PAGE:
How do YOU dismount? - Page 4 - The Horse Forum
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post #31 of 84 Old 03-23-2012, 11:42 PM
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I take both out and then leap off basically. I have a very quick and smooth dismount as I hate hitting the cantle at all.
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post #32 of 84 Old 03-23-2012, 11:48 PM
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I take both feet out, swing right leg over, and slide off. I've gotten my left foot stuck in my stirrup on the dsimount way too much to keep it in the stirrup while I dismount.

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post #33 of 84 Old 03-24-2012, 12:01 AM
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This is how I've been taught:

Either:
Swing right leg, kick left foot out, land
OR
Kick right leg, land, take left foot out.

I prefer the second option because I usually get caught up on the saddle trying the first one.

I have also been taught that kicking both feet out and swinging legs over is emergency dismount..
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post #34 of 84 Old 03-24-2012, 12:32 AM
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An emergency dismount doesn't always have to be used in an emergency. I prefer it it over risking getting my foot caught if it twists to a funky angle.
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post #35 of 84 Old 03-24-2012, 12:36 AM
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Someone said that the english saddle is designed to prevent drags. I have been dragged in an english saddle, one that had the bars facing backward, for a fair distance. The leather never slipped out - the horse decided he wasn't a twit after all and stopped.

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post #36 of 84 Old 03-24-2012, 07:47 AM
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I guess I do it and have done it wrong all along, at least compared to most on here. I dismount either side. Pretty much just the reverse of mounting. I turn the horses head a little to the side I'm getting off. Leaning forward and holding reins and the horn, I swing my leg over and get down in one continuous motion. Once touching the ground I take my foot out of the stirrup. After I get my foot out of the stirrup, I let go of the horn. If the horse should happen to spook I'd either let my foot slip out of the stirrup or pull myself back up into the saddle.

Preparation is the key to mounting or dismounting safely. Also wearing proper footwear. I know horses can spook at any time but things can be done to prevent that. Prepare your horse before you dismount. By turning its head a little, you are telling it "I'm going to dismount." Some people wiggle their but to precue the horse of the dismount. If the horse should spook, its rear end will move away from you. Also, that is a submissive position for the horse and helps keep it's focus on you.

Accidents can and will happen but that isn't going to change how I get off a horse.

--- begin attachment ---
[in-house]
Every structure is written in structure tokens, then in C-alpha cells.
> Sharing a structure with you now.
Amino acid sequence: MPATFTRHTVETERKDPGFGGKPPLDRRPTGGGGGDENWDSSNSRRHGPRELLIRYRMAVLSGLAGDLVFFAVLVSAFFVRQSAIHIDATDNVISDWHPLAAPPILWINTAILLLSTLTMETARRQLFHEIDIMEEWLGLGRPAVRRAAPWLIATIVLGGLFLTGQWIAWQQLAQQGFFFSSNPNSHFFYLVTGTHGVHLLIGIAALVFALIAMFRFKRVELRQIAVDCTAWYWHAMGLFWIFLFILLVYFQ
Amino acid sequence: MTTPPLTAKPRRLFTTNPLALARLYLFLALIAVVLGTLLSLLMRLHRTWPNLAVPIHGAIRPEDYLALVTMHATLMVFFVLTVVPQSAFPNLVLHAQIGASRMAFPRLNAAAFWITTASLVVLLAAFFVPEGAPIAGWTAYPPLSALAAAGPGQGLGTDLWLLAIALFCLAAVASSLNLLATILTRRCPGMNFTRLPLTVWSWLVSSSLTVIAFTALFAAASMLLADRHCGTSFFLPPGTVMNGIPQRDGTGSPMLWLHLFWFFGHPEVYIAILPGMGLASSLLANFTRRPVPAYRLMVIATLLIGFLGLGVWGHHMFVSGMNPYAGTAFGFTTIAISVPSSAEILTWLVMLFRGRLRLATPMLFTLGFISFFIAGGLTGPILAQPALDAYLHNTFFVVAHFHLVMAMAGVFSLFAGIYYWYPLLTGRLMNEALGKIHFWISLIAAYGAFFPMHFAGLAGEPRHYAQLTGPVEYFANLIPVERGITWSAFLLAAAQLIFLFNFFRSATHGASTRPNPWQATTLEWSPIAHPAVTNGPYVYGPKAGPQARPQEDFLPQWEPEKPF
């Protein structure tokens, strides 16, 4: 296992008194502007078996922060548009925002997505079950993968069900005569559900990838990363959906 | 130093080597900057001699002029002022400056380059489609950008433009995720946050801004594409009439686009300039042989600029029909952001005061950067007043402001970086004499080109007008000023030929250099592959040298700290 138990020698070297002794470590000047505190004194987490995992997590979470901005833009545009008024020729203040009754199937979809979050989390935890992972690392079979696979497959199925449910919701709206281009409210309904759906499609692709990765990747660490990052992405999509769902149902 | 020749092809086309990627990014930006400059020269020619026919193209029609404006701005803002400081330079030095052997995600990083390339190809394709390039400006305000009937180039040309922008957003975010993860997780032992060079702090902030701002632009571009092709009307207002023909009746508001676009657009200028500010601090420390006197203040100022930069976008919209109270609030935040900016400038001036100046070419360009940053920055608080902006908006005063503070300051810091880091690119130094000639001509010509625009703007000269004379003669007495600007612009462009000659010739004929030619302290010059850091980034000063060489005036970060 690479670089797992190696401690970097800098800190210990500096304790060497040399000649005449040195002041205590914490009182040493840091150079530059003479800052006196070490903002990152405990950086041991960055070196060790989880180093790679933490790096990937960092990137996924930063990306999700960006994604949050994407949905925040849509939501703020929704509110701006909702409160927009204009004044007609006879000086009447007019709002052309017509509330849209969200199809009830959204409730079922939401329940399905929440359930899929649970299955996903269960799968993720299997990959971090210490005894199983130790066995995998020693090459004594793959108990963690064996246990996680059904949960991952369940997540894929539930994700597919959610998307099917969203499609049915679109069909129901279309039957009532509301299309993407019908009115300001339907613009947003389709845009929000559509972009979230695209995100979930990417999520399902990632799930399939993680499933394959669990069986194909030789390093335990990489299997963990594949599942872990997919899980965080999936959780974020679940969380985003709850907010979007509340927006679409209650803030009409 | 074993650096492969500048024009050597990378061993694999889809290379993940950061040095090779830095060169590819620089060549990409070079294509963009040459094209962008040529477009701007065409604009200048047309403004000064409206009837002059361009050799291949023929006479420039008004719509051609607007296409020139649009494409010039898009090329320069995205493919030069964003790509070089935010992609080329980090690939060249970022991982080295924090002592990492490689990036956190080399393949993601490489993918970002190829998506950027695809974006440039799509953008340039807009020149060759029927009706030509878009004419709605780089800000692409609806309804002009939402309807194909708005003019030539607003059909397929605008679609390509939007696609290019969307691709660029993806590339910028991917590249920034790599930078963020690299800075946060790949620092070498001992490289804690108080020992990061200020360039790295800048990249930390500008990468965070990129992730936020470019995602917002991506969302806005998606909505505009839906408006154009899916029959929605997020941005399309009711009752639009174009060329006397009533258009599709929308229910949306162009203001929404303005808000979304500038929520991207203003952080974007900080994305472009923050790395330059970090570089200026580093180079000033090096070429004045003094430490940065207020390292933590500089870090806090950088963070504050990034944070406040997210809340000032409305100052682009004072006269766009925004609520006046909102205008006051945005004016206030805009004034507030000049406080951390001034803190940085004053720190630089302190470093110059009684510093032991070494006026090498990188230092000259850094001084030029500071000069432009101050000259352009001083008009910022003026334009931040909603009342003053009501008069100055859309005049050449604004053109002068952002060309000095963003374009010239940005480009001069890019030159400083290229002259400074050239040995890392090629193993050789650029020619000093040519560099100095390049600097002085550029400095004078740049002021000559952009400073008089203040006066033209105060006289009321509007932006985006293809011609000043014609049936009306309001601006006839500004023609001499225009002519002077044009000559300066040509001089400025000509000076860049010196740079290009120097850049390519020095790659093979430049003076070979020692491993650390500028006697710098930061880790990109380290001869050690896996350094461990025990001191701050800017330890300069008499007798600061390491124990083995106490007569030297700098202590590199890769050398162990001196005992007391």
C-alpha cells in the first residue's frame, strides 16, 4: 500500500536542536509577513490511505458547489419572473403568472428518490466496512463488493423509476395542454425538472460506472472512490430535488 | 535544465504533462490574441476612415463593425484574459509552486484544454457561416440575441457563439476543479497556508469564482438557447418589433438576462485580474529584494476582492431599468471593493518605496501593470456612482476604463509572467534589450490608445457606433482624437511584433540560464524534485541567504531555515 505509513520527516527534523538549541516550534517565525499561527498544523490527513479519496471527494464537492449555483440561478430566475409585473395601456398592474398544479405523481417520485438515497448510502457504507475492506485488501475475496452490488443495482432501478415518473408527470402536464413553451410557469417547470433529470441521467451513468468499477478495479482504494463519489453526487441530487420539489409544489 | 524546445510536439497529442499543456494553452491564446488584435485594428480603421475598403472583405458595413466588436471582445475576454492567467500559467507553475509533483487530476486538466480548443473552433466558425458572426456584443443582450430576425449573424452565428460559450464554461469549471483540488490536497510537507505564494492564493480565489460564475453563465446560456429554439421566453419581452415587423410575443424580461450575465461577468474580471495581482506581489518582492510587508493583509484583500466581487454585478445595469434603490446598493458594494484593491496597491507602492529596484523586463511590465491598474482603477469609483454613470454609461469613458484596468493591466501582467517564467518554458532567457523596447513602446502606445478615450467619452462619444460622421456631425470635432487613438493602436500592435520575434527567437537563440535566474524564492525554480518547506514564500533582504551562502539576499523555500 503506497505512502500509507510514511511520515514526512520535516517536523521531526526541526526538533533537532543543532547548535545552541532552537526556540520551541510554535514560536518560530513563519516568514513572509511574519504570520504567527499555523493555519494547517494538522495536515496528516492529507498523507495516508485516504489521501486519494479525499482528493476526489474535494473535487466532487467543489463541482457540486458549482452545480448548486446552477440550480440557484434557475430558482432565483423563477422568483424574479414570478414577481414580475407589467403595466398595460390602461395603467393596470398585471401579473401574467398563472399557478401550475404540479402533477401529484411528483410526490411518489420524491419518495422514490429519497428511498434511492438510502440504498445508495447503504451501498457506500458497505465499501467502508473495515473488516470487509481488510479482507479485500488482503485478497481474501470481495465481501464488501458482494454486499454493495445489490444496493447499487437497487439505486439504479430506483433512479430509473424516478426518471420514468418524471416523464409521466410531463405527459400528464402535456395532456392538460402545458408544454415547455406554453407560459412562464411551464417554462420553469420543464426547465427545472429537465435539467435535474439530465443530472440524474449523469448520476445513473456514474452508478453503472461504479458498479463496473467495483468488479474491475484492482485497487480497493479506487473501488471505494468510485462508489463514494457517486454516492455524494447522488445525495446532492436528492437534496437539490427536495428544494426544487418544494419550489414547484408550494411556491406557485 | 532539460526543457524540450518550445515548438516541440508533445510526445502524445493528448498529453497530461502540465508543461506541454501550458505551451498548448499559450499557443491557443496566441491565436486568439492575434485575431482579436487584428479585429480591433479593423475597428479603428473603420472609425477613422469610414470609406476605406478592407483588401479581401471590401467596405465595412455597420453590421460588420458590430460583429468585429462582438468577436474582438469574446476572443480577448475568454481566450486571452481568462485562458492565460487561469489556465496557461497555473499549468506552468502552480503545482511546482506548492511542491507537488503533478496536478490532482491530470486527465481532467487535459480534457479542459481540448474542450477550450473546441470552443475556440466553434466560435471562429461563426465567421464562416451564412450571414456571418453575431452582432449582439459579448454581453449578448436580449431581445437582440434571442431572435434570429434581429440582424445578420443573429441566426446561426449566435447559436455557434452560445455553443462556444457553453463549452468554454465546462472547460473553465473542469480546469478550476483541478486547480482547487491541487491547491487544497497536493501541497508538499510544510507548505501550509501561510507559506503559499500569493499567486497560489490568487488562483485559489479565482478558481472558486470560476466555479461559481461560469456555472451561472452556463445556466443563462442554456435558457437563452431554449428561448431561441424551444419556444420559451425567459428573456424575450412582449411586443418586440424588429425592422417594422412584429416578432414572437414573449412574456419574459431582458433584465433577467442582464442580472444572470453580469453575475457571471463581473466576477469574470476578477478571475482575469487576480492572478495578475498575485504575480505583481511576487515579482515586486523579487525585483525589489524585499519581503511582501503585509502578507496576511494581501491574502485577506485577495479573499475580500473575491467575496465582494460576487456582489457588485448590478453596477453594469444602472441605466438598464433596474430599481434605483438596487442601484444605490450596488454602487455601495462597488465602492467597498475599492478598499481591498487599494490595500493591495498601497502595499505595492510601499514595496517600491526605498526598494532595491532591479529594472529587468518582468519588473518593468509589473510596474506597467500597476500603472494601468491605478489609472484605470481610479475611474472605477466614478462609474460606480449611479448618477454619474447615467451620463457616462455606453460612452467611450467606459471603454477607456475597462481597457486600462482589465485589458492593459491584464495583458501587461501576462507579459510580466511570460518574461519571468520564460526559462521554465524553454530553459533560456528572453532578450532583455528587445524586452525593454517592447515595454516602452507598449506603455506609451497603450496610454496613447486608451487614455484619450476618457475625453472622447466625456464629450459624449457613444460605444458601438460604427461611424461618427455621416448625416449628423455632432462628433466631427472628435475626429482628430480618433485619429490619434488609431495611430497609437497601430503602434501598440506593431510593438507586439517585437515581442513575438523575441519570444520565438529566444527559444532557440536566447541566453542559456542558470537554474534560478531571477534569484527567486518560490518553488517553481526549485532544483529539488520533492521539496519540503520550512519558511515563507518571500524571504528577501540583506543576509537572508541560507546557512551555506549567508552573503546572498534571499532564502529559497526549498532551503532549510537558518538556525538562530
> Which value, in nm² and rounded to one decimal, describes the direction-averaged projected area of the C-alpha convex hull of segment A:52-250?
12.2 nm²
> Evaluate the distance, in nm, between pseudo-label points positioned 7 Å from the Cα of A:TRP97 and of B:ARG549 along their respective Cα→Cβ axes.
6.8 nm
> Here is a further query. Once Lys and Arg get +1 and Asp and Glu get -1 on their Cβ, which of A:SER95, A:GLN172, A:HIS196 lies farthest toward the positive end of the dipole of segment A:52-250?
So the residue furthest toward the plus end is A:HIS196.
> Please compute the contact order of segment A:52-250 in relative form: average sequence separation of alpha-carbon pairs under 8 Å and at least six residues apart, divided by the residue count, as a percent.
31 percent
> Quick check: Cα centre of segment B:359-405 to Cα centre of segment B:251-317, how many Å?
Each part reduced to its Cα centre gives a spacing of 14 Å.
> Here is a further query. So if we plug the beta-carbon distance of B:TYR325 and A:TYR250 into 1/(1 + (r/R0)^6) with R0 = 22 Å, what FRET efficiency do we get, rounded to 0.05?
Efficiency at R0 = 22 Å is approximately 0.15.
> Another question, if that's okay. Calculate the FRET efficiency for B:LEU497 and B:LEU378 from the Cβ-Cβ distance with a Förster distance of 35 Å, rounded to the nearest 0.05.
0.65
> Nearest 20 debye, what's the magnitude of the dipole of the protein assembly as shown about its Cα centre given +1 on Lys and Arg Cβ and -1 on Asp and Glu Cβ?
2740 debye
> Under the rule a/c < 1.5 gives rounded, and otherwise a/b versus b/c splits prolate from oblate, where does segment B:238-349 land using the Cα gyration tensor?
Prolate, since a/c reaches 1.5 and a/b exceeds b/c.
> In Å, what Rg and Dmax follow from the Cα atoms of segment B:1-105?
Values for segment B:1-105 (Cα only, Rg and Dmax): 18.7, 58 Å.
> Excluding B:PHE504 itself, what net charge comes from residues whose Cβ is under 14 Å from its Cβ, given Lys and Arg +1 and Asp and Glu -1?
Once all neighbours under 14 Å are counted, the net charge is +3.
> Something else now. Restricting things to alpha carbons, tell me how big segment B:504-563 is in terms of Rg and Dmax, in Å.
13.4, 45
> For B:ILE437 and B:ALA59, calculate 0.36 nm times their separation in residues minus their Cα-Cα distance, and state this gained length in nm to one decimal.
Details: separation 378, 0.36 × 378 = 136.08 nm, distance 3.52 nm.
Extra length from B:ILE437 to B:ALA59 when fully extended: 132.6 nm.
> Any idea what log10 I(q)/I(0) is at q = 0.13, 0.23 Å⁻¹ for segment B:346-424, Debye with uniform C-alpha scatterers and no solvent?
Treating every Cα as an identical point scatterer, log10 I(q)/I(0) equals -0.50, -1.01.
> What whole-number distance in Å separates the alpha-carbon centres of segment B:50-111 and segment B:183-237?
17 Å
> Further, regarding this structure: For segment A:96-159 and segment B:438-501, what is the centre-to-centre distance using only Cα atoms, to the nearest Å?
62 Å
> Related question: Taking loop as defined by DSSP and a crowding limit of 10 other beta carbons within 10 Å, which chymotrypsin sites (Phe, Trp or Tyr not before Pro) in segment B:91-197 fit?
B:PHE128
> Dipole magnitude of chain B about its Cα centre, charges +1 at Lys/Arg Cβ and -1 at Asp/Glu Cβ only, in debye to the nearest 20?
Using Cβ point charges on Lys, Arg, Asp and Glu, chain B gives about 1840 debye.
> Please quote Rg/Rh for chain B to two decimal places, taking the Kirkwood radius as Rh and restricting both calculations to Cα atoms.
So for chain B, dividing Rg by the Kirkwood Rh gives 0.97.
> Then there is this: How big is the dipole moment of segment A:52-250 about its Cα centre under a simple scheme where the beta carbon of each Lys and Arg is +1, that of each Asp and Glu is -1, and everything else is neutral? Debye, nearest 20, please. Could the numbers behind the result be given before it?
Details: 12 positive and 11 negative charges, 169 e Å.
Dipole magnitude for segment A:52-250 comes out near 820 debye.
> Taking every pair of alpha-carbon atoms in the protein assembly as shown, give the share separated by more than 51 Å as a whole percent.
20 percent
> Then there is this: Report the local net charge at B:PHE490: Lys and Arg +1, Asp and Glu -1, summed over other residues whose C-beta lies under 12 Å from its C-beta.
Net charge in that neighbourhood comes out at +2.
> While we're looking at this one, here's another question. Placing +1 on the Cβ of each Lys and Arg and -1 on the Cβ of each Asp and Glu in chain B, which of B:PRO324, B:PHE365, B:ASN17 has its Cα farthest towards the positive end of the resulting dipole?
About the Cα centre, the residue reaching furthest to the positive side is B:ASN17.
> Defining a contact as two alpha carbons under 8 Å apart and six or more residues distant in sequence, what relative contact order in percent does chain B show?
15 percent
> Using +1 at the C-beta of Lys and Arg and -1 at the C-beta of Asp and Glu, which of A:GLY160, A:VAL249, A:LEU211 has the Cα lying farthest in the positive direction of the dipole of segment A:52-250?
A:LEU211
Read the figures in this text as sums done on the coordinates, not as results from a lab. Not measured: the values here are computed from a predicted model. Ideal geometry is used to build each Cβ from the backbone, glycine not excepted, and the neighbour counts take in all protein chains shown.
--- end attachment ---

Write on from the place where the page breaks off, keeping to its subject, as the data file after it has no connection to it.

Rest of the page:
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Last edited by usandpets; 03-24-2012 at 07:49 AM.
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post #37 of 84 Old 03-24-2012, 12:49 PM
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Quote:
Originally Posted by Chiilaa View Post
Someone said that the english saddle is designed to prevent drags. I have been dragged in an english saddle, one that had the bars facing backward, for a fair distance. The leather never slipped out - the horse decided he wasn't a twit after all and stopped.
Granted it is designed to keep dragging from happening but with anything. it isn't a 100% method. Even when they came out with those safety irons..I have seen those fail to release as well and that was on a mount vice dismount.
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post #38 of 84 Old 03-24-2012, 06:27 PM
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Both feet out of the stirrups, swing right leg over, slide down the left side, reaching the ground softly. This is how I was taught and how it's safe - leaving a foot in the stirrup can cause an accident if the horse spooks suddenly while the rider is dismounting.
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post #39 of 84 Old 03-24-2012, 06:45 PM
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I actually have two ways of dismounting.

a) swing right leg over, lean over the saddle, slide left foot out of stirrup, and drop down.

or

b) fly off face first, usually into mud or brambled- proceeding an unexpected stop or turn!

Why? Well, I'm 4'11. ALL horses are going to be too tall for me to do the other option with xD I also ride many young and spooky horses, so do not want to risk being dragged.

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post #40 of 84 Old 03-24-2012, 07:24 PM
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Occassionally I would lift myself over the back of the saddle & slide down off my horse's butt, just because I could. My coach told me not to as this could be hard on his back. So we don't do that around her anymore.
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